e-flux announcements are emailed press releases for art exhibitions from all over the world.

Agenda delivers news from galleries, art spaces, and publications, while Criticism publishes reviews of exhibitions and books.

Architecture announcements cover current architecture and design projects, symposia, exhibitions, and publications from all over the world.

Film announcements are newsletters about screenings, film festivals, and exhibitions of moving image.

Education announces academic employment opportunities, calls for applications, symposia, publications, exhibitions, and educational programs.

Sign up to receive information about events organized by e-flux at e-flux Screening Room, Bar Laika, or elsewhere.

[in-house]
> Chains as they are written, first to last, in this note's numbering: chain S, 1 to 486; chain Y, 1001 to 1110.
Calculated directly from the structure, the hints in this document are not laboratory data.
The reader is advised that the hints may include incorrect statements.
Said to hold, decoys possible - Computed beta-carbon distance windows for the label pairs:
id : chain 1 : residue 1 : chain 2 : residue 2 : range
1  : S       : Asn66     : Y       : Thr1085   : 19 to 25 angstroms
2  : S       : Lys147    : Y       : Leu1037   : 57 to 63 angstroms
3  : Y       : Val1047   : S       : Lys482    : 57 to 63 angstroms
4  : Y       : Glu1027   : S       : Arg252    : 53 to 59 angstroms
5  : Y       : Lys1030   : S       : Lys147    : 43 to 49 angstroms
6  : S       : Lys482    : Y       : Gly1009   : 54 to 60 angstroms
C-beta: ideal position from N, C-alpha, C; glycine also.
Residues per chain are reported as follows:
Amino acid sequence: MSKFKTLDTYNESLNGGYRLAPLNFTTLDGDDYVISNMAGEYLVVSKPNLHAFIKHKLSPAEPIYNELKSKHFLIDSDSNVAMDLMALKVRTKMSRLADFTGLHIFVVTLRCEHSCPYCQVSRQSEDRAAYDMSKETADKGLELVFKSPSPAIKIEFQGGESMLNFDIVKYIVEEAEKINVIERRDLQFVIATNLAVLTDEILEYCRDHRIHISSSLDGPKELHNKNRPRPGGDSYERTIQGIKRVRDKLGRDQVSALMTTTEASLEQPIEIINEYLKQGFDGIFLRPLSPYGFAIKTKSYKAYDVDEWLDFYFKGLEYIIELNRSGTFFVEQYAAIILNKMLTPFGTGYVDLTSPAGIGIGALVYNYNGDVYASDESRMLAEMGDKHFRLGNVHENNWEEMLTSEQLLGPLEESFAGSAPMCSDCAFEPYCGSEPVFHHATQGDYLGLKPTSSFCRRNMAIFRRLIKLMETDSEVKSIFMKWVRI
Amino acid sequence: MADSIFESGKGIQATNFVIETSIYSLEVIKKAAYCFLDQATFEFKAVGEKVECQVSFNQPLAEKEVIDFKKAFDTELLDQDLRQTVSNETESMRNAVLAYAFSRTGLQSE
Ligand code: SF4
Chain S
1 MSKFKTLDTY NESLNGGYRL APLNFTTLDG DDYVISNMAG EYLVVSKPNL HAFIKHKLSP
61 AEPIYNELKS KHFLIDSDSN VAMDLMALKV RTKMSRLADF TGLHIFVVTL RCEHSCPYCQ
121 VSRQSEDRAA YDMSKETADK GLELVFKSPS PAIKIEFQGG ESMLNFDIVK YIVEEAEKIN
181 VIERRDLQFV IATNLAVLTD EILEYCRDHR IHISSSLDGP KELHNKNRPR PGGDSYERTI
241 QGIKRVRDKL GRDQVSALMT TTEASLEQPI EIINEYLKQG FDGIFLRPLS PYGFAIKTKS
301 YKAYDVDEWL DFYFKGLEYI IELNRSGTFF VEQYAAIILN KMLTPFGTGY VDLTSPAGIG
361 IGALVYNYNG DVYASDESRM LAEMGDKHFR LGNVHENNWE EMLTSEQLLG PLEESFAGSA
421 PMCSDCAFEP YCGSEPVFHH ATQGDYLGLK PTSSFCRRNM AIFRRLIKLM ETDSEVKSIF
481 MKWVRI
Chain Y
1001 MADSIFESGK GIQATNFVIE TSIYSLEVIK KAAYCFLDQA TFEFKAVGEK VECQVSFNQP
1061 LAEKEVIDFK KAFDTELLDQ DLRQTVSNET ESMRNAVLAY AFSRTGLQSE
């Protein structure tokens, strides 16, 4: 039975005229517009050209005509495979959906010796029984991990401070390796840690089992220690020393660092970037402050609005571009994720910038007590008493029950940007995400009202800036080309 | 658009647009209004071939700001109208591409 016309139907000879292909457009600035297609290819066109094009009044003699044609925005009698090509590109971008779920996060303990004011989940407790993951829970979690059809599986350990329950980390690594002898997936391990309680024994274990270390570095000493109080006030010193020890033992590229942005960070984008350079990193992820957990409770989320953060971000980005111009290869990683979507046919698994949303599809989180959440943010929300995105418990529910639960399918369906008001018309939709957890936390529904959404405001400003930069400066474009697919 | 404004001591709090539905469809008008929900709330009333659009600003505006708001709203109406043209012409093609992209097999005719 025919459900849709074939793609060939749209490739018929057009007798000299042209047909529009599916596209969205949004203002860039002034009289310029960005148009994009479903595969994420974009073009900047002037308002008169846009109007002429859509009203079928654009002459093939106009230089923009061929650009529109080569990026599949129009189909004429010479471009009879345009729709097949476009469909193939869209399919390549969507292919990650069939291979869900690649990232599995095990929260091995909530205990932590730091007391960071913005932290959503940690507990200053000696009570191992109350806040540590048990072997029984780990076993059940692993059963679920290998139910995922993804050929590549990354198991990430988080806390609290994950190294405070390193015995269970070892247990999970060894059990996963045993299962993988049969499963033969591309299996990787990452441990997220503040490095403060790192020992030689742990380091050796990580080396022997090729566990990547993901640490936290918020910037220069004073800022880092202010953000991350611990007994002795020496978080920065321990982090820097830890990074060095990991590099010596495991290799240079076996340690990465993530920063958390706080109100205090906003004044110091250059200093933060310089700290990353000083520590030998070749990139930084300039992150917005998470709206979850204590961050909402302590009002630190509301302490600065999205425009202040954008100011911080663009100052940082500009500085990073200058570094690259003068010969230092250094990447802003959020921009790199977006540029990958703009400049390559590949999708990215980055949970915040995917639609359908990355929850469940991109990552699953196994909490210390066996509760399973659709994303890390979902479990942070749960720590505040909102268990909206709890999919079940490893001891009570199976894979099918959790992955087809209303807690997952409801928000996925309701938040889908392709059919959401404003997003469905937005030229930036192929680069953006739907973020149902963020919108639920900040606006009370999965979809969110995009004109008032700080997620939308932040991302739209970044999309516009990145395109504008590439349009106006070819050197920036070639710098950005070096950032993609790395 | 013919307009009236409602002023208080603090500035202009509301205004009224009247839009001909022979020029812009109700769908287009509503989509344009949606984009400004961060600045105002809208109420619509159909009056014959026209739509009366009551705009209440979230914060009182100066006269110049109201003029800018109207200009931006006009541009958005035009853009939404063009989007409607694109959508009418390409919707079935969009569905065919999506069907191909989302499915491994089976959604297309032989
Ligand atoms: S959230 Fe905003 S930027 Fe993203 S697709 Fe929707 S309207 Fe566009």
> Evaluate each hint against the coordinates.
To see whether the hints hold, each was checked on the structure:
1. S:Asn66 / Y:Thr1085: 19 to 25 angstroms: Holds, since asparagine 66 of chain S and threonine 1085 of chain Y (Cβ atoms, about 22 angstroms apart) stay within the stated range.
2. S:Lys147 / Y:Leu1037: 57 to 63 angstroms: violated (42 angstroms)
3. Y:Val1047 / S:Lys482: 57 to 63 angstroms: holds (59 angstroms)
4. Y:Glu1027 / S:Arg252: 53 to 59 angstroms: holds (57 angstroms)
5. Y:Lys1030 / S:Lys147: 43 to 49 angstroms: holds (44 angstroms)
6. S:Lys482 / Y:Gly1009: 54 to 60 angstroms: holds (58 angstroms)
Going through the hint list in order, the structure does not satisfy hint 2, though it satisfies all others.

I have read e-flux’s privacy policy and agree that e-flux may send me announcements to the email address entered above and that my data will be processed for this purpose in accordance with e-flux’s privacy policy*

Thank you for your interest in e-flux. Check your inbox to confirm your subscription.